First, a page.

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Thinking of subdividing? Then you need to read this.

Posted by Development Ready on Jul 24, 2017

On its most basic level, property subdivision is a simple enough equation in which one plot of land is divided into two or more for a greater return on investment.

But if all a developer ever had to do was separate land into different partitions to begin a lucrative subdivision project, everyone would be doing it. Unfortunately the reality of the subdivision process is far more complex and isn’t for the timid or the faint of heart. Engagement in a subdivision scheme means facing a lot of bureaucratic red tape, which can lead to endless frustration if you don’t tread carefully.

Because of the immense potential for disappointment and aggravation, it’s wise to know exactly what you’re getting into when choosing a property for subdivision. The following are a few pointers for selecting an optimal subdivision block and avoiding possible pitfalls when preparing to submit your land for a subdivision permit:

Get intimately acquainted with your zoning laws.

The reason subdivision projects can quickly become more than you bargained for is that these types of developments don’t just depend on the property owner. Instead, a subdivision must meet the requirements of a local council if it’s to proceed. These requirements will always include zoning restrictions that will directly affect any development plans. Therefore, if a piece of land catches your eye, and you feel the property might be a good candidate for subdivision, you should get to know the municipal zoning status limitations that apply to that particular plot.

Your zoning status (and the zoning statuses of any nearby properties) may constitute a “make or break” for your subdivision project. Always check with the local council before any purchase. Acquaint yourself with their planning schemes, read their website thoroughly and/or request an interview to discuss property guidelines. 

As you’ll see, zoning is only one small part of your subdivision due diligence. When looking to subdivide, you’ll be responsible for amassing a wealth of information on your property. Some of this information can be provided to you by your selling agent, but some of it will be up to you to uncover through your own research. 

Consider the size.

Another determining factor in subdivision approval is the size of the property. Municipal councils each have their own minimum square metre requirement for a proposed subdivision, but, as a general rule, it’s best to stick to properties over 700 sq m. Be sure you’re aware of your exact land area before undertaking a subdivision project.

In addition, you should always take stock of your buildable space when reviewing your land size.  Your Investment Property Magazine advises, “Some councils will factor in every inch of land on your property when calculating your total block size, while others exclude driveways and easements.” Given that councils will often require you leave room for a suitable driveway (usually measuring between 2.5 to 3.5 m), it’s a good idea to think about driveway space when adding up your square metres. Bear in mind your plot should be large enough to accommodate council minimums as well as sufficient driveway land.

Know your topography.

The slope of your property will have an immediate impact on your ability to subdivide. Land area minimums per dwelling may change from council to council according to the topography of your block. “A decent slope could restrict what you could build there,” property lecturer Peter Koulizos observed in an interview, adding these restrictions are often applied so that municipal councils can “ensure the property has enough useable land” (i.e., that the slope won’t detract from the livable dwelling area). As such, you should always take your property incline into account before making any major development decisions. Remember, too, that any construction built on an angle will need added features such as retaining walls that are bound to increase overall costs.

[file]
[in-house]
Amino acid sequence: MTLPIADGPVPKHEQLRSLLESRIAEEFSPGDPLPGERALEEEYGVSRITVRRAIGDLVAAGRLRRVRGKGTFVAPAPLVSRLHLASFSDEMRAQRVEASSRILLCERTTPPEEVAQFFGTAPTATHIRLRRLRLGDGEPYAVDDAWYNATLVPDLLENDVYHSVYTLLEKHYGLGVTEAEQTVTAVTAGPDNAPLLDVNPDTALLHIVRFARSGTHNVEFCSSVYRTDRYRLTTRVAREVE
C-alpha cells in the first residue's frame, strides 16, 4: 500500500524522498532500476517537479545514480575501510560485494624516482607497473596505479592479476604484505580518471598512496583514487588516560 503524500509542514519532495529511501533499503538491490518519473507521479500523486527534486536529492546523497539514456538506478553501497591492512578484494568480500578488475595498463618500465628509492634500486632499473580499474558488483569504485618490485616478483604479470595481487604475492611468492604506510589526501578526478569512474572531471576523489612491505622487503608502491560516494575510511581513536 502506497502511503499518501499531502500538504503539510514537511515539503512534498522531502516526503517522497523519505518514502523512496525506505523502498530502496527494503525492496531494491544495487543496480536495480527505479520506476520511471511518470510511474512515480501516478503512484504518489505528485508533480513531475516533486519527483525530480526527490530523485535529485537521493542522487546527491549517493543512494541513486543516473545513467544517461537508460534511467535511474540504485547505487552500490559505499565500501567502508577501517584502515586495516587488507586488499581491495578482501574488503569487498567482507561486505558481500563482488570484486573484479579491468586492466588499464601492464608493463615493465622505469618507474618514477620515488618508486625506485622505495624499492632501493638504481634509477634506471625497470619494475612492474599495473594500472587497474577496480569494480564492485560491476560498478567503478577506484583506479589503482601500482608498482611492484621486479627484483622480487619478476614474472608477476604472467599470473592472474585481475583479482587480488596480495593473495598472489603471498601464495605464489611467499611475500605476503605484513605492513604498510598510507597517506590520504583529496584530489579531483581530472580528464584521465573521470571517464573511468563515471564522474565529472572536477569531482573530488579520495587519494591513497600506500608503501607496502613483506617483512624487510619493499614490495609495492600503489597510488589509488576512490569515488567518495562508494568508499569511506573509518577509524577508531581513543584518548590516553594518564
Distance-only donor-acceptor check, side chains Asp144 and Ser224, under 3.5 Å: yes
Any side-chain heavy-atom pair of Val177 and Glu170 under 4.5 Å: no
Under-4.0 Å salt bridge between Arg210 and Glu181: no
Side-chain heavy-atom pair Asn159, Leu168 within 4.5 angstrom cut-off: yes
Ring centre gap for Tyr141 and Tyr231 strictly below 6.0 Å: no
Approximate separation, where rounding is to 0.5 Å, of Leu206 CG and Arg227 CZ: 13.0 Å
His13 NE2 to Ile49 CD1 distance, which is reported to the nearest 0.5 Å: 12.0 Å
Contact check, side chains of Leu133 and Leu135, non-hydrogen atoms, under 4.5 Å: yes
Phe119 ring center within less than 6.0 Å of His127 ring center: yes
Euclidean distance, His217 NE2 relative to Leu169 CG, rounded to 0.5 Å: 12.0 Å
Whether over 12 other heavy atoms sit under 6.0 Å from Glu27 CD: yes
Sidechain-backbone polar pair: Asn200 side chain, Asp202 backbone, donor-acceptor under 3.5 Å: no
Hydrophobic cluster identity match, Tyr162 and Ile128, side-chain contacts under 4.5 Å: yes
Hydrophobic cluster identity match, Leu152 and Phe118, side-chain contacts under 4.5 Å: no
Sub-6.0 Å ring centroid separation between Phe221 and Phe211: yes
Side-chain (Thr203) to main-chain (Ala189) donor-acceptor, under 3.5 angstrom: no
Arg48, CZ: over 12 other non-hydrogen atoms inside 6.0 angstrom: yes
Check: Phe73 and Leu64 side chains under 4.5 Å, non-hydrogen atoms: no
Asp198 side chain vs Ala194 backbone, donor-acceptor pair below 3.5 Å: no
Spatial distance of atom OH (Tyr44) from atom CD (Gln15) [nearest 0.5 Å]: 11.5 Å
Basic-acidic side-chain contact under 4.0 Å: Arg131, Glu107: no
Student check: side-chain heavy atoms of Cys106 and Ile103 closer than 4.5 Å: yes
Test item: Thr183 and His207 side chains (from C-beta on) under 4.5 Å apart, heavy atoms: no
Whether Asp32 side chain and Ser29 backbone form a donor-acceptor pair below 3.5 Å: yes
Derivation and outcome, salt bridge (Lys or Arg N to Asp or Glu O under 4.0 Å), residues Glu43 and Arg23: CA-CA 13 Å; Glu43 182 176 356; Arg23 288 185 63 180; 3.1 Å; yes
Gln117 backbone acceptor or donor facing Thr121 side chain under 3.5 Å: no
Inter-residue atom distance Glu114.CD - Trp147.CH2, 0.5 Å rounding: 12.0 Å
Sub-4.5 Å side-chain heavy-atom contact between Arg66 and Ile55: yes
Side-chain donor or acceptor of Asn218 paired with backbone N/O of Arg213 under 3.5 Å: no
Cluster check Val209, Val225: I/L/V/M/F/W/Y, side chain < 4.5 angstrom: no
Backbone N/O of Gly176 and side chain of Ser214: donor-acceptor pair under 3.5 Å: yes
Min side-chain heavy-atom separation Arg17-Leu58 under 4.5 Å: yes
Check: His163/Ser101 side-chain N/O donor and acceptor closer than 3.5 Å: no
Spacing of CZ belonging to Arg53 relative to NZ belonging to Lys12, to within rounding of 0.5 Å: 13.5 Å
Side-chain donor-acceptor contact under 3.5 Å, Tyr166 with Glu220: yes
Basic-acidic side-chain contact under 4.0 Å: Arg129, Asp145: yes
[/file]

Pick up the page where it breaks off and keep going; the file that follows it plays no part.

Take note of your specific location.

As with any real estate endeavour, location matters. When scouting for potential subdivisions, you should consider the exact address of the chosen property as well as its surroundings. Corner plots, for example, will make for easy and convenient subdivisions that will yield plenty of desirable street frontage, while a property’s general proximity to shopping centres, schools and transport hubs will make the land more attractive to buyers and renters. Be warned, however: Councils will often request that you follow strict guidelines when it comes to your location. Prepare to spend extra if your block doesn’t meet local standards for guttering, kerbs, etc.

If you’re planning on building a housing complex, you should also take your neighbourhood’s residential density into consideration. It may be that your local government has placed a limit on these types of dwellings, and your application for subdivision may therefore be dead on arrival.

Be certain of your structure.

Last but not least, be sure to exercise common sense if you’re planning on subdividing an existing structure. Any building earmarked for subdivision should have a strong skeleton and be able to withstand major renovations. This aspect of your due diligence research will be essential for keeping costs low. Nothing’s worse than having to build an unexpected wall or redo an entire floor.

Though subdivision can bring you a great deal of profit, it also carries with it a great deal of risk. When it comes to deciding on a sub-divisible property, you should research your property to the point of exhaustion, ask an exorbitant number of questions and follow this simple rule: No amount of preparation is too much.

Best of luck. 



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